Wallets cannot succeed on a standalone basis: Sirish Kumar

cannot succeed on a standalone basis: Sirish Kumar
He was the CFO for PayPal in ASEAN and India. A Chartered Accountant by profession, he started off his career with Cargill, worked with Motorola in senior leadership roles and later joined Nokia Solutions and Networks as the Senior Business Finance Controller for APAC.

This year he’s won the title of ‘Most Promising Entrepreneur of 2016’ at the Asia Pacific Entrepreneurship Awards. Meet Sirish Kumar, co-founder and CEO of Telr. His company offers a payment gateway that instantly enables businesses to accept and manage online payments via web, mobile and social media.

Business Insider caught up with Sirish to chat about where India’s placed in this transition from cash to cashless.

1. India’s still a cash-driven economy. Does that worry you?
Over 85% of the world’s GDP is cash. Only recently in the UK cashless exceeded cash. It’s a myth that cash is a problem for developing markets only.

If you look at the proportion of cash a few years ago, and now, you’ll see the cash to overall transactions ration has reduced by up to 40%. India is one of the few countries where you have government push on digitization, a massive Aadhar project and opening bank accounts becoming easier. Incentives are being floated as logistic players can deliver faster if consumers go cashless.


The cost of business would make India move from cash to cashless.

2. Will Wallets take off big time in India?
If you really look a large scale, multi-country level, there’s really been one success in the world – PayPal.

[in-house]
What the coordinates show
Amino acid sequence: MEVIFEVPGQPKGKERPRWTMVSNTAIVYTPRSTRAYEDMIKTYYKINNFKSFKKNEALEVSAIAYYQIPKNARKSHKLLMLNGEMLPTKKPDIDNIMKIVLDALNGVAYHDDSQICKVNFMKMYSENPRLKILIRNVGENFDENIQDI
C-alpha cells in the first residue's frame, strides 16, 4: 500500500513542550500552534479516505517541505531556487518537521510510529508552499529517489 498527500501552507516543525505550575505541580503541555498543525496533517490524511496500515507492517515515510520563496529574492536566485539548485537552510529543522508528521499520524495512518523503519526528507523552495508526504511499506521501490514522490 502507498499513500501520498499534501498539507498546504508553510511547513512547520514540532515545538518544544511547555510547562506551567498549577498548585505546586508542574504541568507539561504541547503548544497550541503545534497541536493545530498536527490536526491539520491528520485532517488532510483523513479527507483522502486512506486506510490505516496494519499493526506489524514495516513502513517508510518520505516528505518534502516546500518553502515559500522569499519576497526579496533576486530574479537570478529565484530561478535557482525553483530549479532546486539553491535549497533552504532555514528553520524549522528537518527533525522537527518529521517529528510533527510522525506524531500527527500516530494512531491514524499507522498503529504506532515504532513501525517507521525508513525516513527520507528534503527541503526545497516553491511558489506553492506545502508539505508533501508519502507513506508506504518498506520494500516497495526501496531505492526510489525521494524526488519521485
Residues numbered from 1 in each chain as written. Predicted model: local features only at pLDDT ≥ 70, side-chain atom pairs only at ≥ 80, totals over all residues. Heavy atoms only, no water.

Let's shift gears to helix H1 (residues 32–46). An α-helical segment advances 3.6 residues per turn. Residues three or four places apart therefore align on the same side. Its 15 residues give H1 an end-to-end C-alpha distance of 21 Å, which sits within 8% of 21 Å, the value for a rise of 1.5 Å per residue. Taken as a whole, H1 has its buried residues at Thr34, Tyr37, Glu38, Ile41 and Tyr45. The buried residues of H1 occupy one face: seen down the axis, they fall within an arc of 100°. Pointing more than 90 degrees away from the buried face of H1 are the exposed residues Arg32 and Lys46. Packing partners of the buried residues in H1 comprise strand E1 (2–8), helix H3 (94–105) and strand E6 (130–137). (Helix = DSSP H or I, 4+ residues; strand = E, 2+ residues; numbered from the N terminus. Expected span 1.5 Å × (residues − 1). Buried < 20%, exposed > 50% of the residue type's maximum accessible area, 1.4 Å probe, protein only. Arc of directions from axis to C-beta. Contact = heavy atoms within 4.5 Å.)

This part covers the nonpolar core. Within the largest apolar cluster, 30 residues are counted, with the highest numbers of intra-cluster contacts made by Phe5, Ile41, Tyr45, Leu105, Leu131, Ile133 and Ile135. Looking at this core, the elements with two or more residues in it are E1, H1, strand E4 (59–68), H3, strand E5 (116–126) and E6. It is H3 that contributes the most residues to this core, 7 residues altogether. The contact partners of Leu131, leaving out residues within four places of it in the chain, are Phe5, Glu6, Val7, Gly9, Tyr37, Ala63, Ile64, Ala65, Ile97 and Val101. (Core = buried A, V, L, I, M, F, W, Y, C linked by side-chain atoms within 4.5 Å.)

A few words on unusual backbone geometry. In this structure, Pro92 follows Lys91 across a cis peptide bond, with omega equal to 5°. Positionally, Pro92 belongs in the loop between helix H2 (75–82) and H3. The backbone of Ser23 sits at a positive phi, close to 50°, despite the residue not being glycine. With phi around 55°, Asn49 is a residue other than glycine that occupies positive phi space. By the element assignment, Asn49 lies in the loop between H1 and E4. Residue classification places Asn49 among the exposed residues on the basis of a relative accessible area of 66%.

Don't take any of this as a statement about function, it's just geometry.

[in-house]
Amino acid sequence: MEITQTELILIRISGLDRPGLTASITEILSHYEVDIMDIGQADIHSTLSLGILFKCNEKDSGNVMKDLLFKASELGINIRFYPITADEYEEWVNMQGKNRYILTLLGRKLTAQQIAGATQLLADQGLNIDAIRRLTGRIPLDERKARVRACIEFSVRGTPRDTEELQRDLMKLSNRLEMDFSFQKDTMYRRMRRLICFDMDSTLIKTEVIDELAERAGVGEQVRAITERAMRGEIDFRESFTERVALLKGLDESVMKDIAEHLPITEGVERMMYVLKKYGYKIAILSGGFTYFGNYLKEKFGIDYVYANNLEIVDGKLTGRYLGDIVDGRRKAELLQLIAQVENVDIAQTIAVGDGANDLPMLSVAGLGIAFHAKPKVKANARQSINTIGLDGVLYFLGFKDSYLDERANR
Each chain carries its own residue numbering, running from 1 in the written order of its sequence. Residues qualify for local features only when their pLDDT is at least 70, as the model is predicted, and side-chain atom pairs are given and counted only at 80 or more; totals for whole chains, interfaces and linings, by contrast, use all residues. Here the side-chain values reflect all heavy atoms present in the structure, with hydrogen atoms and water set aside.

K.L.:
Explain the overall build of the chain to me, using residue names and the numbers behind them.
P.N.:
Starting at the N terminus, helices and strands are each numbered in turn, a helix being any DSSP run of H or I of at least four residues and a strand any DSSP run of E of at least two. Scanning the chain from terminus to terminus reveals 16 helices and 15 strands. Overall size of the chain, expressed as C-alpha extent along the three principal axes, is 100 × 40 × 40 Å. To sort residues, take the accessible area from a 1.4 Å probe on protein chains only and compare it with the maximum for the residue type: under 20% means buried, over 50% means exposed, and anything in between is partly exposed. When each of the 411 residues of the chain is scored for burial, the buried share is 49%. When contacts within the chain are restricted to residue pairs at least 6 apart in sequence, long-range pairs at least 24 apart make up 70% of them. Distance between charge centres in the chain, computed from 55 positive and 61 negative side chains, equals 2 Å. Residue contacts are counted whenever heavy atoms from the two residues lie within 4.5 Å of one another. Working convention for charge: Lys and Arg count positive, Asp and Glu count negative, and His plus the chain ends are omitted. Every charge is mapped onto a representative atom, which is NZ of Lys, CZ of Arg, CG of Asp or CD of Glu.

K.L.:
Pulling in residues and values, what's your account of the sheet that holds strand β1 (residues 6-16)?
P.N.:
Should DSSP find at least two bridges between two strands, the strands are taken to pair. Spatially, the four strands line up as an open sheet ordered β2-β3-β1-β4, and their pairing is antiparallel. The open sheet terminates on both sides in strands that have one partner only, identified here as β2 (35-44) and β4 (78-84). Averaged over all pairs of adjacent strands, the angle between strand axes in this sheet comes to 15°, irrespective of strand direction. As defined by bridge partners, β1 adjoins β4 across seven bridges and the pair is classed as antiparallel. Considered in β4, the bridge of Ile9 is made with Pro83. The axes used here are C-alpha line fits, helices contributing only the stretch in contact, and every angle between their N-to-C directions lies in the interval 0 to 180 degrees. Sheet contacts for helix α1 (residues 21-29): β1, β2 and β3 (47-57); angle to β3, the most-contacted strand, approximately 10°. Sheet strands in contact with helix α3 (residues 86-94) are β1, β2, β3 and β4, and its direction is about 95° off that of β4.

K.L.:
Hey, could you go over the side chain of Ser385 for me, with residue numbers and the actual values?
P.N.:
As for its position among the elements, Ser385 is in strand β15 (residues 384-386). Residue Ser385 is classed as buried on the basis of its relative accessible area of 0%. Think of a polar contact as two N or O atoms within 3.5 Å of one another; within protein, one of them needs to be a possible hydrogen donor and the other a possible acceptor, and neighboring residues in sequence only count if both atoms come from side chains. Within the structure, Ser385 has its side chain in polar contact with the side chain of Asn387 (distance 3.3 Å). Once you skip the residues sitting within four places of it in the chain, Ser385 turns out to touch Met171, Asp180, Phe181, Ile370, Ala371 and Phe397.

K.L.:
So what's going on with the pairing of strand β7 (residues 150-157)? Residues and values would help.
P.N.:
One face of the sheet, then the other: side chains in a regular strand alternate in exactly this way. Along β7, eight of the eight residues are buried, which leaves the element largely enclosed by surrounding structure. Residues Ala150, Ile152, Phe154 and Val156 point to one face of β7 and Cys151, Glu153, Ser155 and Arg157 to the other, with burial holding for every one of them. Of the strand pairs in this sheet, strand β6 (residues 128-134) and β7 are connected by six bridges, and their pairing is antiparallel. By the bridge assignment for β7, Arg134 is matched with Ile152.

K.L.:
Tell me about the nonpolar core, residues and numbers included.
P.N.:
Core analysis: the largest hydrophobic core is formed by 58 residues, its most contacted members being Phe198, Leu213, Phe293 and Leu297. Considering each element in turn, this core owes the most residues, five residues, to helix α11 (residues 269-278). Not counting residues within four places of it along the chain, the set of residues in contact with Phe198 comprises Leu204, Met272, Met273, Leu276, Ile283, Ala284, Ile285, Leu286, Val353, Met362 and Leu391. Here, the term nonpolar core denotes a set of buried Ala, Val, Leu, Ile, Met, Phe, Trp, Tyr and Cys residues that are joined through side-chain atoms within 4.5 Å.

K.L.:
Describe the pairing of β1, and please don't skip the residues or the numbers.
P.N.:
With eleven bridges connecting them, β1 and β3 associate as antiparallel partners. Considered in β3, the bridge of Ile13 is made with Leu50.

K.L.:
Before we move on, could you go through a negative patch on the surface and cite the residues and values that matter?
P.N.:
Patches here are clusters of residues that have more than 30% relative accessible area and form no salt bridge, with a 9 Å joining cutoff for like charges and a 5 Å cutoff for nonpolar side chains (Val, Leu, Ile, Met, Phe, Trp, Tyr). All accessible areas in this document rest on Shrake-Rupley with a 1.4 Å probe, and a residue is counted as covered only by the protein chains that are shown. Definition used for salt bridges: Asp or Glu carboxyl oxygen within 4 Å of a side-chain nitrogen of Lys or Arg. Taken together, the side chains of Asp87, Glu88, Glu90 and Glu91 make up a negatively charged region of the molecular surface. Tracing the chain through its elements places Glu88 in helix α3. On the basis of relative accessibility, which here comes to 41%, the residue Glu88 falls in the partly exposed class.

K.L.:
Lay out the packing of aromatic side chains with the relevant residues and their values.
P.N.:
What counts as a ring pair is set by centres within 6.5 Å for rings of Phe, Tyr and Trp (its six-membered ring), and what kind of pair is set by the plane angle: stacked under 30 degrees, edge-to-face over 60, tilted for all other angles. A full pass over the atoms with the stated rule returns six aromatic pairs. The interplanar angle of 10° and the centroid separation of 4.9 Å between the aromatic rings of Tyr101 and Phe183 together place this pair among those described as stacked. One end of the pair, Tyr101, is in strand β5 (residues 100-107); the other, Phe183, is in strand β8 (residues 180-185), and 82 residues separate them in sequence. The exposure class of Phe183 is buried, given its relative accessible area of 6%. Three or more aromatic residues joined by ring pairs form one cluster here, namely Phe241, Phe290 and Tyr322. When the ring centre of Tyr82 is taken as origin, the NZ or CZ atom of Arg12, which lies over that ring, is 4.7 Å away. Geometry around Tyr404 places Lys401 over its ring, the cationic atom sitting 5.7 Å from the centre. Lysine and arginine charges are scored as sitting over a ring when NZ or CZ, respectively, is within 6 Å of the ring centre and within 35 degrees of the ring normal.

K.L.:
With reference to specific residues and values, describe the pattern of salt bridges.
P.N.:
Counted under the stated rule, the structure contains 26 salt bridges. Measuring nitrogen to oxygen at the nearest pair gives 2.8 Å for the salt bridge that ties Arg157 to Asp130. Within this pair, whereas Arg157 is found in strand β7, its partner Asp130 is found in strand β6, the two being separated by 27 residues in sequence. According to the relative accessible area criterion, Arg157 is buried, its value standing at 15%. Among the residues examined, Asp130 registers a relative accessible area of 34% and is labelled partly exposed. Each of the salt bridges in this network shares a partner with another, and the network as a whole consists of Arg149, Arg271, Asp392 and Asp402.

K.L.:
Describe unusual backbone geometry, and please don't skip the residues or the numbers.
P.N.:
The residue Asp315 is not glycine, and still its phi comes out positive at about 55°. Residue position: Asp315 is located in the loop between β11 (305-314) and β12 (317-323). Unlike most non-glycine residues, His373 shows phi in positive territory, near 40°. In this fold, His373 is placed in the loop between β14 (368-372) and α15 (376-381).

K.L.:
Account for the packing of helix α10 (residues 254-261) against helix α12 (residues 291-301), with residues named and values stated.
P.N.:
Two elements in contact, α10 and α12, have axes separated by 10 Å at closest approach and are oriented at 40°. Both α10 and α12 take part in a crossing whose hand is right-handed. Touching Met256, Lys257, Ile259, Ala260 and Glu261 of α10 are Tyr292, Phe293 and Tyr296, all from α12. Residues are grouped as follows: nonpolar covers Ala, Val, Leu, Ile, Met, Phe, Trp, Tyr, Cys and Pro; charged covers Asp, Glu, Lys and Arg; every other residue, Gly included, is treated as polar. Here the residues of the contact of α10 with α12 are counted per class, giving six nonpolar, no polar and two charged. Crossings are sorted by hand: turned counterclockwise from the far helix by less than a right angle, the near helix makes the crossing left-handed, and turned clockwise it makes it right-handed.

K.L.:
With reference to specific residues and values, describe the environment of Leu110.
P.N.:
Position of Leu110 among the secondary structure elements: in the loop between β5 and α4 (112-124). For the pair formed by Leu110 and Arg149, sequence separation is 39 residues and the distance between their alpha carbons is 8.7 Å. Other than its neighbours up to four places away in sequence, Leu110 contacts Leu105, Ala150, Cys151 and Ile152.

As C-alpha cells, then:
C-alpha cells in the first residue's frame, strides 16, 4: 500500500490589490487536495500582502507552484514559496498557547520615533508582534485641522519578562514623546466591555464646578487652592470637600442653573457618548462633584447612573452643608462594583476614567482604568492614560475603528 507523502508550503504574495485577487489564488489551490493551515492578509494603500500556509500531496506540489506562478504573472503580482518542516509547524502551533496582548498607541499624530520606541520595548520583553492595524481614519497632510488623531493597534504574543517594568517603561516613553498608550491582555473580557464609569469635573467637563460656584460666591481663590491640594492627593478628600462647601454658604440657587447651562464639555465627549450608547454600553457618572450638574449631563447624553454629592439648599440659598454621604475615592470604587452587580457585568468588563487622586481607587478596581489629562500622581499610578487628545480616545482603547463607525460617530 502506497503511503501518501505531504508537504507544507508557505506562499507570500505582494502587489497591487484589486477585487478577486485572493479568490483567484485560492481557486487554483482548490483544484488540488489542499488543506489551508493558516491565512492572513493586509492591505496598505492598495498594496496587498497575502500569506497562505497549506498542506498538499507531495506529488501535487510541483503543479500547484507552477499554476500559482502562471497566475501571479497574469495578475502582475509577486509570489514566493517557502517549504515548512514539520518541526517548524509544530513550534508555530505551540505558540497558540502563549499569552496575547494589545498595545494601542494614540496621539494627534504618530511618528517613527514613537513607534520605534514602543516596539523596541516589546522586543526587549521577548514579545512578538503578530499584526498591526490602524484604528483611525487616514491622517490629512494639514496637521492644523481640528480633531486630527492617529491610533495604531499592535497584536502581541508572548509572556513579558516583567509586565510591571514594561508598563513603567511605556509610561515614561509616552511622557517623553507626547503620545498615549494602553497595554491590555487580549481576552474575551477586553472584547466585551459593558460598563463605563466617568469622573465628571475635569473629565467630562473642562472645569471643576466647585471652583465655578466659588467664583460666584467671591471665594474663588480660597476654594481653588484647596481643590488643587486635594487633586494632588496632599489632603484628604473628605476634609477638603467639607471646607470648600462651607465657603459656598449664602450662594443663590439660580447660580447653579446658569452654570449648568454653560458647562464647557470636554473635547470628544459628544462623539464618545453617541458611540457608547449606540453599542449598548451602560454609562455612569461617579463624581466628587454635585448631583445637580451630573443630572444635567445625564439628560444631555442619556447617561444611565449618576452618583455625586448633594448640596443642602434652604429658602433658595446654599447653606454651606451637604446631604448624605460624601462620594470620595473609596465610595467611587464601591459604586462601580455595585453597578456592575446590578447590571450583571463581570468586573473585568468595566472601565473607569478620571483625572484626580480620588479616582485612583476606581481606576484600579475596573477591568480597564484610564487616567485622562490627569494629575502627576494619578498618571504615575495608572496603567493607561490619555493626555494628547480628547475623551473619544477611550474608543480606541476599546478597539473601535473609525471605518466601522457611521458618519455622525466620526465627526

Wallets cannot succeed in a standalone basis. A lot of merchants and buyers have to come together, and it should be used interchangeably with a payment gateway. That’s where India’s rightly placed.

It’s also very crucial for Wallet companies not to pay incentives to consumers. If consumers use it even after stopping incentives, the wallet is a success.

3. Will proprietary wallets survive?
UPI is one of the signals from the government to bring inter-operability in Wallets. Some say it will endanger wallets, I don’t think so. My Paytm or Oxygen Wallet shouldn’t be limited to a certain number of merchants.

As UPI is introduced, the big players will embrace it, and it’ll slowly trickle down to the SMEs. Some wallets will move on the payment bank methodology, and some will integrate a payment gateway.

If you have a payment gateway and a closed loop it brings down transaction costs by 80-90%. That’s how the Wallet becomes a good option.

However, if it’s an open loop, you always have Visa and MasterCard and end up paying 2-3% anyway. That hits the margins of many merchants.

4. Why should Indian merchants partner with Telr?
If you’re looking for someone who can offer proprietary fully stacked technology, there are few in the market. Most are outsourcing specific modules or licensing their tech to different companies across the world.

With our international experience we bring customization for specific verticals and merchants. Call it tailor-made Telr solutions.

5. Why should proprietary tech matter for startups?
Large merchants have the privilege of accessing big players and ensuring their fraudulent transactions are limited. Typically fraud transactions are stopped by restricting number of transactions.

In case of SMEs, that might mean blocking 4 out of 10 buyers. That impacts cash flow and growth. We can empower an SME by tell him on a real-time basis what’s a suspicious transaction. We don’t force buyers to register on the merchant’s website before they can pay.

6. Biggest limiting factor for online startups
The government should allow merchants to sell on Facebook and Instagram without a website, period. We don’t have that today.

There’s no need to create a website and drive traffic if you already have a network on Facebook.